Flames have been eating away at California’s forest landscape since October 8. Thousands of people have had to be evacuated, away from their homes, most of which were located in the center of the state’s well-known wine country. While California wildfires are nothing new to its residents, this season’s fires are unique. The “Camp Fire” has been rated “the deadliest wildfire in recorded state history,” killing at least 48 people.
Reports say that more than 20,000 people, in Sonoma County alone, have left their homes. According to reports, more than 400 people are still missing.
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While many of the Sonoma residents precautiously reacted to the prevailing situation and left their homes, there are a few who refuse to leave their homes and possessions. Local authorities issued a warning saying that anyone who refuses to leave their home will be left to fend for themselves.
How did the California wildfires break out?
No one is truly certain what may have caused all the fires to break out in the first place. Naming causes would just be speculations at this point.
So far, the fires have been fatal to over 50 people, leaving almost 9,000 structures destroyed and possibly more than 230,000 acres burned, so far.
“Initial damage assessments for unincorporated Sonoma County are in: 3,819 destroyed parcels, $2.019 billion,” read a tweet from State Senator Mike McGuire this past Sunday evening. The total damage estimate according to media sources may be well above $3 billion.
There are simply no words to describe the sorrow. Initial damage assessments for unincorporated Sonoma Co are in: 3,819 destroyed parcels, $2.019 Billion. When Santa Rosa is combined, damage estimates top $3 billion. Unfortunately, estimates are expected to grow this week. pic.twitter.com/tplJC9euCh
— Mike McGuire (@ilike_mike) October 16, 2017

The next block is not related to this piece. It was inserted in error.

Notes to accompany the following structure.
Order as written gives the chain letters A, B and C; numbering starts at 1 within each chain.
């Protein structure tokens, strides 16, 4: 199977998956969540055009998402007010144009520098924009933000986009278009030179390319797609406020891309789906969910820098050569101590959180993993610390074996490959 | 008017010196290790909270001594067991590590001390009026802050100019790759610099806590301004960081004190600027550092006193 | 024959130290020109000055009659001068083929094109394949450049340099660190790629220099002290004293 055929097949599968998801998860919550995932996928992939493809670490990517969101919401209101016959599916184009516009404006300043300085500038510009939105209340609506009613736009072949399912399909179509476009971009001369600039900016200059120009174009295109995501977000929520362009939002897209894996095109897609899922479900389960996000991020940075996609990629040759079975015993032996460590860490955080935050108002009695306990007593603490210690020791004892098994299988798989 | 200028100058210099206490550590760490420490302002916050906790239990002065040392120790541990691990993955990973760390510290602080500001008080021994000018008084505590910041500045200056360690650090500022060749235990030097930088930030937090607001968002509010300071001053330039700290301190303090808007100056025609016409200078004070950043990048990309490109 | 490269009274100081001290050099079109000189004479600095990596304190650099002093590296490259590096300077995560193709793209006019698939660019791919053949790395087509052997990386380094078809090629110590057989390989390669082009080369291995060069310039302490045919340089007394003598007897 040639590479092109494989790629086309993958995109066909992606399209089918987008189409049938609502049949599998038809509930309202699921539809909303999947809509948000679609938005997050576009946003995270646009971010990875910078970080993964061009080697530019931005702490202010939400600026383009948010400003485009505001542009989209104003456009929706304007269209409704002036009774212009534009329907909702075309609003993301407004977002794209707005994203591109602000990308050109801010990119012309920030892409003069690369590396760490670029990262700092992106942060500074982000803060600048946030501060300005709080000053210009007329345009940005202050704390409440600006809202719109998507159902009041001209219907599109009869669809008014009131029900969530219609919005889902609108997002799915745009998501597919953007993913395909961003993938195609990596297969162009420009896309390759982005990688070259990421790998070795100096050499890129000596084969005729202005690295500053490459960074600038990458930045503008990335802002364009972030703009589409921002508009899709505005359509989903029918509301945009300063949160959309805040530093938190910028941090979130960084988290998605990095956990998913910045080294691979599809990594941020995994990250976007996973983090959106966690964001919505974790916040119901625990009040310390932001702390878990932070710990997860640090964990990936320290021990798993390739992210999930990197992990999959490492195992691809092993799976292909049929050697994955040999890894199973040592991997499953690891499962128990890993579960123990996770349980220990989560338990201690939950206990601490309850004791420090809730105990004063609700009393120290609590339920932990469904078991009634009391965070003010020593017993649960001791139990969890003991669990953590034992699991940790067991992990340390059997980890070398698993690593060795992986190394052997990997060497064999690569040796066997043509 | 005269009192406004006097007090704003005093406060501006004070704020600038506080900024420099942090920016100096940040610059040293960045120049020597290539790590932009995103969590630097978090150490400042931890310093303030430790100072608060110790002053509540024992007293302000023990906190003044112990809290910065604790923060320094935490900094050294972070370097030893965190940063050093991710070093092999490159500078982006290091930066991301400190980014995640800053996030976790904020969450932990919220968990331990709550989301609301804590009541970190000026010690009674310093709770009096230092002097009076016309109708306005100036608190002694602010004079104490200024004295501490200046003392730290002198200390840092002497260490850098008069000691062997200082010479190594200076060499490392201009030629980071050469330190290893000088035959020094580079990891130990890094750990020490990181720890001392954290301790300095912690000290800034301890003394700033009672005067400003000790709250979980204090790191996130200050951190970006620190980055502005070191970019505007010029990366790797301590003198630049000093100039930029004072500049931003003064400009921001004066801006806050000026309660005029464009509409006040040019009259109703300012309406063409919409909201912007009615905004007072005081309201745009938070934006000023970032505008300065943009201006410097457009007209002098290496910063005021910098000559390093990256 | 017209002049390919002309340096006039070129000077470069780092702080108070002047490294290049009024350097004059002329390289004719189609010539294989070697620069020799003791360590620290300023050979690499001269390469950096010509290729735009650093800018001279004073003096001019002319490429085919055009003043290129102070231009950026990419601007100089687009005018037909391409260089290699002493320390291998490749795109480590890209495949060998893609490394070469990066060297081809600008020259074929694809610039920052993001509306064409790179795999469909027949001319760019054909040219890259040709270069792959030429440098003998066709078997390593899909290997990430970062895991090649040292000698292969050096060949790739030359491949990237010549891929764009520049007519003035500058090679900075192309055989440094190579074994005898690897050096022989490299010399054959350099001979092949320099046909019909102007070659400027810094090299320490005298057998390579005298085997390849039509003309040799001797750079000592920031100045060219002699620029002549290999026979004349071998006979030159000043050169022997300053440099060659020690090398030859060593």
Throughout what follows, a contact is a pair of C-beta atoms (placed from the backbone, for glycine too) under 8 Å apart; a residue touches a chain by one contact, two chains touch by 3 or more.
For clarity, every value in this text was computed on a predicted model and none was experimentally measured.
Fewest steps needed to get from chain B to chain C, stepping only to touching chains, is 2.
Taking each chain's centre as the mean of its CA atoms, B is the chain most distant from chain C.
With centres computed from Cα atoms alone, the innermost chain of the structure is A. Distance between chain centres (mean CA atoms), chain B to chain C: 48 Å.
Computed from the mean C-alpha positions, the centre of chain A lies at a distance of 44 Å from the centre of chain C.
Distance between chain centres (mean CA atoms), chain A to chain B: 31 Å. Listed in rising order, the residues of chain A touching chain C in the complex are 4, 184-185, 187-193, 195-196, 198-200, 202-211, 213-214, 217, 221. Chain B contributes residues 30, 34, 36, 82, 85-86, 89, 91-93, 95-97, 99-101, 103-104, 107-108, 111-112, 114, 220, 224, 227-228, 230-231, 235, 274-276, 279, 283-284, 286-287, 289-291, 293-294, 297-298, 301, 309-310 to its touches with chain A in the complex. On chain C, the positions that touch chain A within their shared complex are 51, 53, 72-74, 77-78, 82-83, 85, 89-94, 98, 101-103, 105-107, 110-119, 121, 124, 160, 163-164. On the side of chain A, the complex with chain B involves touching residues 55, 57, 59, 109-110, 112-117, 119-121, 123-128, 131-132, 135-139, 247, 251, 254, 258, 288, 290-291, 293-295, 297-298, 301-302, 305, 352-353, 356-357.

“When Santa Rosa is combined, damage estimates top $3 billion. Unfortunately, estimates are expected to grow this week,” the tweet ends.
Where are the California wildfires?
There are three major California wildfires at the moment.
In Santa Rosa Valley, firefighters have been battling the Hill Fire, the smallest of the three California wildfires, ever since it broke out Thursday afternoon last week. The fire has burned more than 4,500 acres, and has been 90 percent contained, according to officials.
Then further north, the so-called “Camp Fire” is burning away in Northern California. Thousands of people were forced to evacuate the area. The town of Paradise has been almost totally destroyed.
And then there is the Woolsey Fire, which is burning in Los Angeles and Ventura Counties. Last Friday morning, the fire jumped Highway 101, which is located near the city of Calabasas.
Strong winds are challenging efforts to extinguish the fires. Fortunately, fire teams have been dispatched in all areas of the fires.
Almost 9,000 firefighters were taking on the California wildfires on Tuesday. Power saws are being utilized by search teams as well as cadaver dogs, in the hope of locating victims of the “Camp Fire” in Northern California.
As of Tuesday, according to estimates by officials, the Woolsey fire had burned over 90,000 acres.